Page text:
Today is the last day of COP26 and, being based in Glasgow, I thought it would be a good time to share some thoughts and images.
I don’t want to write about COP26 itself, but rather about how creative activism has reshaped the city space and visually and emotionally engaged people in the last two weeks.
Recently, a lot has been written about creative activism, artivism, artistic and artful activism, and radical art forms. Still, I believe that the following quote provides a clear, concise and comprehensive definition of the relationship between activism, creativity and audience:
“Creative activism can now be defined as a kind of meta activism that facilitates the engagement of active citizens in temporary, strategically manufactured, transformative interventions in order to change society for the better by communicating conflicts and/or solutions where no one else can or will in order to provoke reflection (and consequent behavioural changes) in an attempt to revitalise the political imagination.”
(Harrebye, 2016: 25)
That resonates with my experience of the shape that creative activism has taken in Glasgow during COP26.
I don’t have a first-hand insight into what happened in the blue and green zones in terms of creative interventions (if any!); however, I can say that in the city space, creativity has played a significant role in engaging people, promoting reflection, and hopefully, encouraging action.
I am thinking here of exhibitions organised in galleries and art centres but also random street posters, pop up shows in shops windows and improvised street performances and installations. All these visual and creative inputs that people could access from the street or public places, with no intention or planning, along with more structured and organised events, have engaged people in a very democratic and impactful way.
Posters, photographs, graffiti, prints, installations and sculptures have created intersectional, liminal spaces for critical thinking. They transformed the city space into a space for active engagement with climate change. They promoted conversation, interaction, emotional reactions, active and embodied knowledge. They made people feel part of the discussion.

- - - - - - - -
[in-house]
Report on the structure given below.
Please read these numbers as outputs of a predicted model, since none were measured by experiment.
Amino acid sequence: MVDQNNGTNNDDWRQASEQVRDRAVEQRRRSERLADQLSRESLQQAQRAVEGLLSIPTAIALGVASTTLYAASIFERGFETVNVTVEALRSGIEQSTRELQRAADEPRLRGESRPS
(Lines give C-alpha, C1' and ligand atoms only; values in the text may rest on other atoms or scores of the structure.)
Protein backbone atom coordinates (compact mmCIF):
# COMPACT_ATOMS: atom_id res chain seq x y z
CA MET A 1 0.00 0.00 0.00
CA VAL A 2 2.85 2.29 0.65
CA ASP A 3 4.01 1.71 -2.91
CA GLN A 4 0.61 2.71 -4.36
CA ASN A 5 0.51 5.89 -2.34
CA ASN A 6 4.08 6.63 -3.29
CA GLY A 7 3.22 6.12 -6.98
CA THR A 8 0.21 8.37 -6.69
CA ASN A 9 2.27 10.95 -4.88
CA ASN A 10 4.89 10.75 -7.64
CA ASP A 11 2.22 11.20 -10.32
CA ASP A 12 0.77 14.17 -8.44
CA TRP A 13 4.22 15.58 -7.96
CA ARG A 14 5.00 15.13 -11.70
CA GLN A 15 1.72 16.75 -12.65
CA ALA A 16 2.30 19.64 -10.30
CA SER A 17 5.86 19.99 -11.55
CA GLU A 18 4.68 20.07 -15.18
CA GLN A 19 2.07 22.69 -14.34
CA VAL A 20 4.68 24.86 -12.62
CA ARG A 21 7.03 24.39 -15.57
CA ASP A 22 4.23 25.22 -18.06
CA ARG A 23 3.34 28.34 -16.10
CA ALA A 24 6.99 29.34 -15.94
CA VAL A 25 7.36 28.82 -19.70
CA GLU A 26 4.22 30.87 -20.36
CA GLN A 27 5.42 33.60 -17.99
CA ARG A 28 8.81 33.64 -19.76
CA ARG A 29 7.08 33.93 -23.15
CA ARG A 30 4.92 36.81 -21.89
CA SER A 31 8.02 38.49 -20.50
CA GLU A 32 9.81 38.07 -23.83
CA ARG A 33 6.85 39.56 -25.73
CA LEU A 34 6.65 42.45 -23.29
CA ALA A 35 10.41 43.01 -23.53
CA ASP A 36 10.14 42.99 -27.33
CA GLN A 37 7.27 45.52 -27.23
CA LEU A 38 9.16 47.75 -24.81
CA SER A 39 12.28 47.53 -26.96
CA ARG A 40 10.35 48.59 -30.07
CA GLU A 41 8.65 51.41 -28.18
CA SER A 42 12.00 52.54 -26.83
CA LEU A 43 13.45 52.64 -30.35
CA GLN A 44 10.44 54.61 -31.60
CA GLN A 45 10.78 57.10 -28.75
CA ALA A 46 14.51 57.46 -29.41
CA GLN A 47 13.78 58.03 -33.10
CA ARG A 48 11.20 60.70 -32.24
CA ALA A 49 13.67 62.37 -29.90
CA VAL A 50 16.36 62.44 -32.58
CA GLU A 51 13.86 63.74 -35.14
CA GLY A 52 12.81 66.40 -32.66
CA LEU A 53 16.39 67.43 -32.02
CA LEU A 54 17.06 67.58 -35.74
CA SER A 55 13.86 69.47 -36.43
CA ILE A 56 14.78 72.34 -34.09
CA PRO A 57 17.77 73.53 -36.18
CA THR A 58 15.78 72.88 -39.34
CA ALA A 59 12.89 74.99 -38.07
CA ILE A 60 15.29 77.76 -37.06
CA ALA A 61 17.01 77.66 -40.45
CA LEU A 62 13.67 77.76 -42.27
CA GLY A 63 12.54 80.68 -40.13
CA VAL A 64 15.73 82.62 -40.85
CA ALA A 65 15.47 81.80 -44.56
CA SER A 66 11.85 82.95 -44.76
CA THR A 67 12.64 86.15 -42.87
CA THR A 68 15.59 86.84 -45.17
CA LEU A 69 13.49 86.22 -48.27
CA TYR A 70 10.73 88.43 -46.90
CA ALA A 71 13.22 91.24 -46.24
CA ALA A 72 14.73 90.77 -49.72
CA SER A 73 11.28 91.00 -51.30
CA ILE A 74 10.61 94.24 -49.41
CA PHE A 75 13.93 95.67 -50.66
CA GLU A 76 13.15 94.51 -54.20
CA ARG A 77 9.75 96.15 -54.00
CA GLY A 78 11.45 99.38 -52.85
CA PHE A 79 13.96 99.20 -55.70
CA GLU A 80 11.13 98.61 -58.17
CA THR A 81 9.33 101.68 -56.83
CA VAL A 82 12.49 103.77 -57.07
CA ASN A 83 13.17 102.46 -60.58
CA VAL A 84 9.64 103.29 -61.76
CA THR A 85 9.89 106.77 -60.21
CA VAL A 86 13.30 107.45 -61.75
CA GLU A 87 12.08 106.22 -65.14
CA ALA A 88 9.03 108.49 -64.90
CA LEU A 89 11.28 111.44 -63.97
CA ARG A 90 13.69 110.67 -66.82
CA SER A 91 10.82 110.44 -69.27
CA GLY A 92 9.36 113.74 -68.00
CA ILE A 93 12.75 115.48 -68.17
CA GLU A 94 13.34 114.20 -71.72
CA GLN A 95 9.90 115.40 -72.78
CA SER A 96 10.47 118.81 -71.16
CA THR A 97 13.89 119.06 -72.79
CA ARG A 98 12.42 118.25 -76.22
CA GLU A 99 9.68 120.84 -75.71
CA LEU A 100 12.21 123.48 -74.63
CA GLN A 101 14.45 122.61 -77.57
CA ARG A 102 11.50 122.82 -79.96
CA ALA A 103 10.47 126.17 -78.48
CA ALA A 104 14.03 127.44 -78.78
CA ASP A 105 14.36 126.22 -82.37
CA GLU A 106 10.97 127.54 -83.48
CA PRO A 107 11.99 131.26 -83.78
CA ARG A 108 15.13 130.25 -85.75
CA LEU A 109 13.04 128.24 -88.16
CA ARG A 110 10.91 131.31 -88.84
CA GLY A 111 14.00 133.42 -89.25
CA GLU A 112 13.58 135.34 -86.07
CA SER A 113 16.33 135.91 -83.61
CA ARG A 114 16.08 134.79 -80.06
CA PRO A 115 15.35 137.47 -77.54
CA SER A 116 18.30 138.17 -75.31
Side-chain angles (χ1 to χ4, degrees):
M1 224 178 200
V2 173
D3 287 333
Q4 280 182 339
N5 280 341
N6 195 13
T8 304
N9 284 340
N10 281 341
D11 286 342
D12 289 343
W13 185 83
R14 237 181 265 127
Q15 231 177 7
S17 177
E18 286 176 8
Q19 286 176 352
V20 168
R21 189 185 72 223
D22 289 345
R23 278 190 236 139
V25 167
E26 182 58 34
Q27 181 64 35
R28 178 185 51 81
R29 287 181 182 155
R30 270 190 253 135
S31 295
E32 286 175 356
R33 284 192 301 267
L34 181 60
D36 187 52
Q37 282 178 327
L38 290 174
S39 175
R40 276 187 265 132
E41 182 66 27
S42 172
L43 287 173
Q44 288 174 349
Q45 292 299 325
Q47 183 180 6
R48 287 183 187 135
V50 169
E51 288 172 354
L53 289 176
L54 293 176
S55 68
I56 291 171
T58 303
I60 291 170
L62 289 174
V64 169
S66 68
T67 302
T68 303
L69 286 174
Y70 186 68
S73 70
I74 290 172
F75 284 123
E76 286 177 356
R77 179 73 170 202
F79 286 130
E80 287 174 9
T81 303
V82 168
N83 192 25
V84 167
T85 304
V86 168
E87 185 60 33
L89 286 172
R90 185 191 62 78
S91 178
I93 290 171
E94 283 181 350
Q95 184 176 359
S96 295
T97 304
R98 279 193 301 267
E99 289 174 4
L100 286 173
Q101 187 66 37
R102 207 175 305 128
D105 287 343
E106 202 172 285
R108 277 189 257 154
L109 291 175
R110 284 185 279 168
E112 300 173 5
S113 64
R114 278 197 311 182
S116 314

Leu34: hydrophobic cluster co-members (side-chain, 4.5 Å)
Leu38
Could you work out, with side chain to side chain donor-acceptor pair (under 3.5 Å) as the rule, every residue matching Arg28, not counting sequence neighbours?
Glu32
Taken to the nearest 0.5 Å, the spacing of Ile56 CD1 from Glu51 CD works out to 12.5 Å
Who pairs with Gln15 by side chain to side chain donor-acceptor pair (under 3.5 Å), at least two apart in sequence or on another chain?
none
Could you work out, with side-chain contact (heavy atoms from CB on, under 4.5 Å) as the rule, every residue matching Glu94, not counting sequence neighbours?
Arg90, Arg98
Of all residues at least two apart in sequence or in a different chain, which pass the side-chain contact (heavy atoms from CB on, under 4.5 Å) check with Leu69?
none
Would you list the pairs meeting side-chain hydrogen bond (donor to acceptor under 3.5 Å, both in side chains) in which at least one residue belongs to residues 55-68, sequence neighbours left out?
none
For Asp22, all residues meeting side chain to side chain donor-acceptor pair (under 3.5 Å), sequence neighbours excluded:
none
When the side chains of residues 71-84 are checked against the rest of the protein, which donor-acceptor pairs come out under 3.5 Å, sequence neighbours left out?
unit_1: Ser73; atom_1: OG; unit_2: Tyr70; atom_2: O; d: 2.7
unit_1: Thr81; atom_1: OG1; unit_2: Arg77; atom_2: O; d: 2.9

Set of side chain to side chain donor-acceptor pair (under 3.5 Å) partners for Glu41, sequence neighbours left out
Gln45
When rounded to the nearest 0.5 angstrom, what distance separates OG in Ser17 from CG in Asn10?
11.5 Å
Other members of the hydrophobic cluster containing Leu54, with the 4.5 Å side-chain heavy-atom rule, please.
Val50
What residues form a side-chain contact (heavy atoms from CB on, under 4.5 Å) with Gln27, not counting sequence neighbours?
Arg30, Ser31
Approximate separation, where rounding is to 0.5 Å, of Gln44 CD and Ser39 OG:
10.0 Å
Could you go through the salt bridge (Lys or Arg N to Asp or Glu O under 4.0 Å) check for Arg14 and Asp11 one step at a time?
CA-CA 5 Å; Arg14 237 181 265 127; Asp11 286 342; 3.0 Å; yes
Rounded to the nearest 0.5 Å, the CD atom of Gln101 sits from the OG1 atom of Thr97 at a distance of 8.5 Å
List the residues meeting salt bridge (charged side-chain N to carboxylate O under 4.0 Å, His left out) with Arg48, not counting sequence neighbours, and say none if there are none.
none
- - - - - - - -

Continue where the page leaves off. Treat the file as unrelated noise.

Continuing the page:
Having engaged with art and activism for a long time, I have also noticed a shift into more approachable, less extreme, and perhaps more inclusive forms of creative activism. Less ‘visual shouting’ and more’ visual reflection’.
Another essential aspect to consider in this context is the diversity of voices that have contributed to the creative discourse around climate change, with contributions by artists from the Global South and indigenous communities – especially from the Pacific islands and South and Central America. The Global South not only as a subject in work from artists from the Global North but as an active agent of creative activism. This is long overdue, and I hope it is a step toward decolonising the creative action, not limited to these past two weeks.
There are still huge gaps to be filled here because the Global South includes many other voices that still don’t have access to public expression (verbally or visually) and have been strongly affected by climate changes. For personal connections, I think here, for example, of people from rural areas in Bangladesh, Nepal, Tibet, India and Pakistan, to name a few, which haven’t been represented much in public events of any kind.
So, as my small creative activist action, I include here some images of indigenous people from the Himalayan region of Solukhumbu, in Nepal, where climate change is becoming one of the most significant challenges for the local communities that live on seasonal farming and agriculture.
To give them, too, a voice.
Harrebye S.F. (2016) Creative Activism Today. In: Social Change and Creative Activism in the 21st Century. Palgrave Macmillan, London. https://doi.org/10.1057/9781137498694_2
All photos by Alessandra Campoli.
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